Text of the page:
The nautical part is to the left of the nomarch; it is very damaged. It is no longer possible to say precisely how many boats were present (see and ). The last visible craft before the big lacuna is on the left: there only remains today the cabin, a few ropes, and a part of one of the crewmen. The cabin is closed by curtains decorated with white and black checkerboards; a wooden shield, covered in leather, is attached to the side wall (see ). The only crewman who is still visible is squatting on the roof of the cabin: this man is put in charge of the manœuvering of the yard arms. After a wide lacuna, the scene of navigation resumes in the south extremity of the west wall. Two large barques with oars, heading northwards, occupy the lower register. Both are fragmentary (see and ).

The scene of hunting of the hippopotamus is located above the boats. There remains only a vague trace of the animal and of two parallel harpoons which have penetrated one in the back, and the other in the victim's hindquarter. A third harpoon is planted in what must have been the head. There is no doubt that the hunters are the nomarch himself and two of his sons (see and ), unlike what one finds in Giza and Saqqara where the master leaves this dangerous hunting to his servants.

The festival of Hemen

A few things are known about the god Hemen. It represents a falcon god close to Horus and, like the latter, an adversary of Seth. A festival was celebrated in the vicinity of Mo'alla, bearing the name (or including) the "navigation of Hemen". It is not known if the ceremony took place with a certain regularity or on the occasion of a particular event. One can admit a relationship between this "navigation of Hemen" and the god's processional exit which is several times mentioned in the biography of Ankhtifi (inscription 8).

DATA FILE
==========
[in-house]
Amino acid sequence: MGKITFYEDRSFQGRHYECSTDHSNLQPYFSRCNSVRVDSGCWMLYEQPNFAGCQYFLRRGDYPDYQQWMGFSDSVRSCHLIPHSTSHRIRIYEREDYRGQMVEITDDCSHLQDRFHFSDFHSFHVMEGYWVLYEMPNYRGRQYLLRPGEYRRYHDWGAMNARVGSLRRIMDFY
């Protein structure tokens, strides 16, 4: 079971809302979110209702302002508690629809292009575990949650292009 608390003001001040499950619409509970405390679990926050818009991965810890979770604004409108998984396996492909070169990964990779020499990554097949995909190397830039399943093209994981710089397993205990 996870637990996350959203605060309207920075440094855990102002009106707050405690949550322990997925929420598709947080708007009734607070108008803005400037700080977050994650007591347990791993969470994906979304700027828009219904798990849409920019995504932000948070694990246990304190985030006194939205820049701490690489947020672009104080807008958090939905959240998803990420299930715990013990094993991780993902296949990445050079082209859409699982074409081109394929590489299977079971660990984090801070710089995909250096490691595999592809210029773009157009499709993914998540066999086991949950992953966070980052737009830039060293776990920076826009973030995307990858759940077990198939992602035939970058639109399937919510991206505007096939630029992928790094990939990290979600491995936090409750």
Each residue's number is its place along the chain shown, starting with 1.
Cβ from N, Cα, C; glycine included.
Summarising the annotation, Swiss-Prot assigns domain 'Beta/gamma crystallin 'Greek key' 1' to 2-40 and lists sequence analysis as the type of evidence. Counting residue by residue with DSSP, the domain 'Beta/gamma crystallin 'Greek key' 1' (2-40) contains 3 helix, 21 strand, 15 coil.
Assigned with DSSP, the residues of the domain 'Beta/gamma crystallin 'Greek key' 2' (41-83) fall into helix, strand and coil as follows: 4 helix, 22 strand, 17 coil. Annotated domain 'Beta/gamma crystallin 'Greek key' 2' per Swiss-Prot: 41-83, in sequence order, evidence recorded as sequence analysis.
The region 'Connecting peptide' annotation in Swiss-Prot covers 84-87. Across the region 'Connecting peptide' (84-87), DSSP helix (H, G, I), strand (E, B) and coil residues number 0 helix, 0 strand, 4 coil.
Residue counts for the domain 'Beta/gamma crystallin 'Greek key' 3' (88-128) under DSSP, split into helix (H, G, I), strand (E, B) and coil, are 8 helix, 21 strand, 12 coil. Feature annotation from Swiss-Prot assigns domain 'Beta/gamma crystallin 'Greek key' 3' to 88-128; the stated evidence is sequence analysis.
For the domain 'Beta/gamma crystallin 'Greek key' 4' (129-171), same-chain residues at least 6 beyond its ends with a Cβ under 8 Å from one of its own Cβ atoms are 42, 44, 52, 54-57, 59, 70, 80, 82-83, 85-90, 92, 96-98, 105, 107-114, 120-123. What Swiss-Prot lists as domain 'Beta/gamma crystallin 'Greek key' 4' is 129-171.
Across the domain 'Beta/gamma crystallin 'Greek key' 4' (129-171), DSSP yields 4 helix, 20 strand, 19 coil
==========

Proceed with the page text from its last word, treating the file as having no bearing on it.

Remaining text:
The festival must have started with a sort of nautical jousting, during which the sailors accomplished some prowess on their boats; this is the reason why the craft, instead of parading in order as in a military inspection, some sometimes go northwards and the others southwards.
Ankhtifi, accompanied by his sons, presided over the ceremony. The paddles which the young princes hold are there to show that they actively participated in the ceremony.
The liturgical program foresaw the killing of a hippopotamus, symbolizing the defeat of Seth. It was the culminating moment of the festival. The nomarch himself, helped by some members of his family, took care of harpooning the animal, in accordance with a tradition fixed from the texts of the Pyramids, formula 235.
One will find some elements on the cult of Hemen and his ritual in Willems (see bibliography).


The scene of navigation, described previously, continues on the south wall. There only remains a fragment of a papyriform boat with a yellow hull (see ). One notes the presence here of a superfluous pilaster (see ).